Mind-body tools, a low-FODMAP diet, and some supplements can help relieve IBS-related symptoms and are generally safe for most people. They can also be used in combination with most IBS medications. If you have IBS, talk with your healthcare professional, as he or she may be able to provide you with resources to help you implement these tools in your life.

Follow me on Twitter @DrCalm123

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Tackling parent-teacher conferences: The early years

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Coming into December, my wife Jenny and I had been through two parent-teacher conferences and were batting .500. The first, during my oldest son’s last year of preschool, opened with a list of stuff that didn’t shock us but his teachers weren’t too thrilled with: knocking over blocks, interrupting, not sitting still for circle time.

Milo was 4.

Unfortunately, there was no eventual, “Enough of that. He’s 4. Here’s why he’s great.” We left feeling they didn’t like him. Milo was doomed and we had failed. We decided that they were full of it, or at least that was our hope.

A year later came parent-teacher conference No. 2. His kindergarten teacher, a 30-year veteran, told us most of the class was in the middle of a bell curve, and everyone was still getting to know each other. She apologized for starting with academics. We asked how much of a concern an earlier note home was. “None,” she said.

It was a good and needed counterbalance.

A learning curve for the parent-teacher conference

I wasn’t worried going into our first-grade conference in early December. Milo’s teacher is open and quick to respond by email. I could see his progress with homework, and I have the chance to help out in class. Of course, there was more to know. But every school conference presents a numbers challenge. We had 20 minutes. Milo’s teacher had 20-plus conferences to do. I needed advice, so I asked two experts.

Dr. J. Stuart Ablon is associate professor of adolescent psychiatry at Harvard Medical School and director of Think: Kids at Massachusetts General Hospital. Julia G. Thompson is a former 40-year public school teacher and author of The First Year Teacher’s Survival Guide. They agreed on this:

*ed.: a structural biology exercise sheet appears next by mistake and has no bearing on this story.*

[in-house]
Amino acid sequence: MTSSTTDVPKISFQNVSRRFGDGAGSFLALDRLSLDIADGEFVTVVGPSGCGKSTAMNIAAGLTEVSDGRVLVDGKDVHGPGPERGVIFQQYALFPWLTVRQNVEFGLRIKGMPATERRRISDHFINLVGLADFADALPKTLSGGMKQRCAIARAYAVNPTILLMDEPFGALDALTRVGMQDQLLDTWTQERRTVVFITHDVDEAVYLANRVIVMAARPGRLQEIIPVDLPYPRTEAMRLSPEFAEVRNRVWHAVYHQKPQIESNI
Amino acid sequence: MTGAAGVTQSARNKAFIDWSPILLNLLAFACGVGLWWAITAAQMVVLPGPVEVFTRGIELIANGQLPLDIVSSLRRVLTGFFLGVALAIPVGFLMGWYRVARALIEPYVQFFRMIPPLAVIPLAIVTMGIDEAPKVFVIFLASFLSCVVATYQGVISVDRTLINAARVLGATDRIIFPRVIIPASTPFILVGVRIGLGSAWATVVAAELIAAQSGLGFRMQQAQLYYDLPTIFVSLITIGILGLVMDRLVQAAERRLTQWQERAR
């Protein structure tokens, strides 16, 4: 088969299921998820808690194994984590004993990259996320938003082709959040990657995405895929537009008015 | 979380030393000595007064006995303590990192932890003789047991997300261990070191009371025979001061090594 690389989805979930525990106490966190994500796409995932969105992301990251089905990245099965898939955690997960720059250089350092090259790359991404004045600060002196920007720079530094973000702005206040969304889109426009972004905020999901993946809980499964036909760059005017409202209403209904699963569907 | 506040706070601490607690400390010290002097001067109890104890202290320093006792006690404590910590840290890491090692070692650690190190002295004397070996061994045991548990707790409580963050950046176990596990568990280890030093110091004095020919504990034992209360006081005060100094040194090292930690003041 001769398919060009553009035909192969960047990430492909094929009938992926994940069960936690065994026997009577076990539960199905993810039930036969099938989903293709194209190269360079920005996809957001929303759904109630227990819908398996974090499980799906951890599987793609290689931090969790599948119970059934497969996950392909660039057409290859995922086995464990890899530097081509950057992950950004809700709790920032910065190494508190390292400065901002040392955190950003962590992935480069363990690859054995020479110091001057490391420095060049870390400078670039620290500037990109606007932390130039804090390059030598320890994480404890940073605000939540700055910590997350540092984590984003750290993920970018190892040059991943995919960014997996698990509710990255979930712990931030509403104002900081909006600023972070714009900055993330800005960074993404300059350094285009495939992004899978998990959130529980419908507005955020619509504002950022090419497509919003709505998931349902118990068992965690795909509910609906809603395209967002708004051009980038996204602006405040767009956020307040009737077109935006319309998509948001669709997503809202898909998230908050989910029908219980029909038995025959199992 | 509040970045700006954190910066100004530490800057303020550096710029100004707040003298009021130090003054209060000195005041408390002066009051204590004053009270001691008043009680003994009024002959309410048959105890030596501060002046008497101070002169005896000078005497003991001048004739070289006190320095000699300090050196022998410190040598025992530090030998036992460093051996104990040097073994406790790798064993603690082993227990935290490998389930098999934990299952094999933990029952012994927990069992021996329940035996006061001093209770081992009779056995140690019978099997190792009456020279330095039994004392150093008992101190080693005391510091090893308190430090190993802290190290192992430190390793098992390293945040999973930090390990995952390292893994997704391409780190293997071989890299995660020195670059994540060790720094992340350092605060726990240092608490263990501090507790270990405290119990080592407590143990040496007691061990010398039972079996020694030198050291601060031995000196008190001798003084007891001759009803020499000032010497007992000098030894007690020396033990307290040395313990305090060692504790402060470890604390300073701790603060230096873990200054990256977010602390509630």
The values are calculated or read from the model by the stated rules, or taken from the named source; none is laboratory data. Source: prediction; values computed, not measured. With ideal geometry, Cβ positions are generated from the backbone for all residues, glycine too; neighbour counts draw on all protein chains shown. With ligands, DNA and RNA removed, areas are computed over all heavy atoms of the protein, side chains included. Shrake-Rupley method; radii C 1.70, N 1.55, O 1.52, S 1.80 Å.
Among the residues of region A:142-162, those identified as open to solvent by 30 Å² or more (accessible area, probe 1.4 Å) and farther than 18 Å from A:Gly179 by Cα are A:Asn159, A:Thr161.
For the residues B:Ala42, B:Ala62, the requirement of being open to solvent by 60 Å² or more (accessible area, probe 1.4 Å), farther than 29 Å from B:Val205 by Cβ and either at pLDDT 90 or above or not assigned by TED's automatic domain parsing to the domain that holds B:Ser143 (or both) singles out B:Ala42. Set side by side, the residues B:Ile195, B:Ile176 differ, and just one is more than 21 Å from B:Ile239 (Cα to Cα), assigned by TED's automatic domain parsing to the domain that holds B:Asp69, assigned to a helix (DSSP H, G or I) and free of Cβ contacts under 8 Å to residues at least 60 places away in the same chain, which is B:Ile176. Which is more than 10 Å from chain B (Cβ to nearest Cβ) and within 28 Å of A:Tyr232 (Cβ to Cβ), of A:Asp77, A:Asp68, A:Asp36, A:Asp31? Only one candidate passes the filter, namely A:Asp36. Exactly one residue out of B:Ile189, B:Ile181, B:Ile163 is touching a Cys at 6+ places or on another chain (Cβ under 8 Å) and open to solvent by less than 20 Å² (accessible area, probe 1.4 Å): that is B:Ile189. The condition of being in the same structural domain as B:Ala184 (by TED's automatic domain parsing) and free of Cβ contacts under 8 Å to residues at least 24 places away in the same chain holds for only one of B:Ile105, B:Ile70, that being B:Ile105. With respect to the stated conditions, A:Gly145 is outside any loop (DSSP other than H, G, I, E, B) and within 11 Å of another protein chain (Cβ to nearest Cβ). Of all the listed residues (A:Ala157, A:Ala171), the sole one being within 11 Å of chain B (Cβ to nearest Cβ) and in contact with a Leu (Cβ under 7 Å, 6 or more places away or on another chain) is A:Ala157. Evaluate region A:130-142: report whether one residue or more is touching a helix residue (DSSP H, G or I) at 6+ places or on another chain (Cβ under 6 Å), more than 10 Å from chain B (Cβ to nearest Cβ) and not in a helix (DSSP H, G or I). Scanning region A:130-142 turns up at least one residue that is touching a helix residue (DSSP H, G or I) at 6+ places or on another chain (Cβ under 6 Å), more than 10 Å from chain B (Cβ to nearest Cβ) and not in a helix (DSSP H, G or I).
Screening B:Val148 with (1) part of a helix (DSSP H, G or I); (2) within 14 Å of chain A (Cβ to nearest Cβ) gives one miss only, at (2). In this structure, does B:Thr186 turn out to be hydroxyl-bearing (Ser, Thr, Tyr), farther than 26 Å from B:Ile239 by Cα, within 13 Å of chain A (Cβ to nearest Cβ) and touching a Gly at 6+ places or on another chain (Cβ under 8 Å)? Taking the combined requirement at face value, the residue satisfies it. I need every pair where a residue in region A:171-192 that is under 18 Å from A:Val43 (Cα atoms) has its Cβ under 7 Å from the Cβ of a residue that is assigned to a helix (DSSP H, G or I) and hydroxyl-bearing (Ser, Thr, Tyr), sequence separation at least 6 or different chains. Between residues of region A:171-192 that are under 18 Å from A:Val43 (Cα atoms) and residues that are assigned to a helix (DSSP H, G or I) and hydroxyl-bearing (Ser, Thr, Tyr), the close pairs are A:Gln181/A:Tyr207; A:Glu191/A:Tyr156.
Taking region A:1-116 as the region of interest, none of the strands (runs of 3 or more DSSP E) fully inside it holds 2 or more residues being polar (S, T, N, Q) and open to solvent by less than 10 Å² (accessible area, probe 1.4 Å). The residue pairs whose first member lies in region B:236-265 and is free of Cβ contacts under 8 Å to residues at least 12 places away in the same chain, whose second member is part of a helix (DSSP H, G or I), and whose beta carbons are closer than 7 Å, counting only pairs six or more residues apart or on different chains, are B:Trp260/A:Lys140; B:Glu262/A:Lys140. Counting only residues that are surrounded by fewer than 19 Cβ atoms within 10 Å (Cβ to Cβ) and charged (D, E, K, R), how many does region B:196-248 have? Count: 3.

You need a plan. No one has time to waste. Academics shouldn’t dominate, although they often do, so you have to ask a few pointed questions to find out about skills like collaborating, multitasking, and flexibility. But before you tackle any of that, shut up for the opening 10 minutes. “You want to see how the teacher gets your kid,” Ablon says.

Expect holes in the picture. It was only December. Not everything can be known by then. Fill in the blank spots by talking about your child’s strengths. Teachers use them to overcome weaknesses, and now you’ve clued them in, Thompson says.

Focus on a few key questions. With whatever time remains, try asking:

How does my child handle frustration? This touches on willingness to ask for help and problem-solve, Ablon says. How does my child fit in? This gets at how children are interacting, whether they’re leaders or followers, what they’re excited about, and how they spend their free time. A good follow-up is so obvious, it’s rarely considered: Does my child look happy? “If they are, school is stress-free, and they’re engaging and appropriately challenged,” Thompson says. How well does my child settle down for work? This is about tuning out distractions, being tolerant, but also meeting expectations. Along with the teacher understanding your kid, you want to understand what the teacher wants, Ablon says. Here’s how our parent-teacher conference played out

I quickly re-learned that 20 minutes isn’t long. Side conversations constantly present themselves, offering the chance to eat up even more time. It’s also not a scripted event. Milo’s teacher started by asking what questions we had. A tempting offer, but we threw it back to her. Whenever she asked something, I answered just the question, then stopped talking. When I shared, it was to add to her understanding. I was always conscious of the clock and constantly fighting my natural tendency to chat. But it paid off. We got her take and got in our questions.

The conference isn’t meant to be exhaustive or solve every issue –– save that for a follow-up meeting. It’s about learning, and hopefully leaving with a sense of comfort.

“You should feel that the teacher is knowledgeable and in control of themselves, which means they’re in control of the class,” Thompson says. “[Also] that they care about and value your child, and that they want to work with you.”

We know each year can change. We’ll take this victory and our .667 batting average.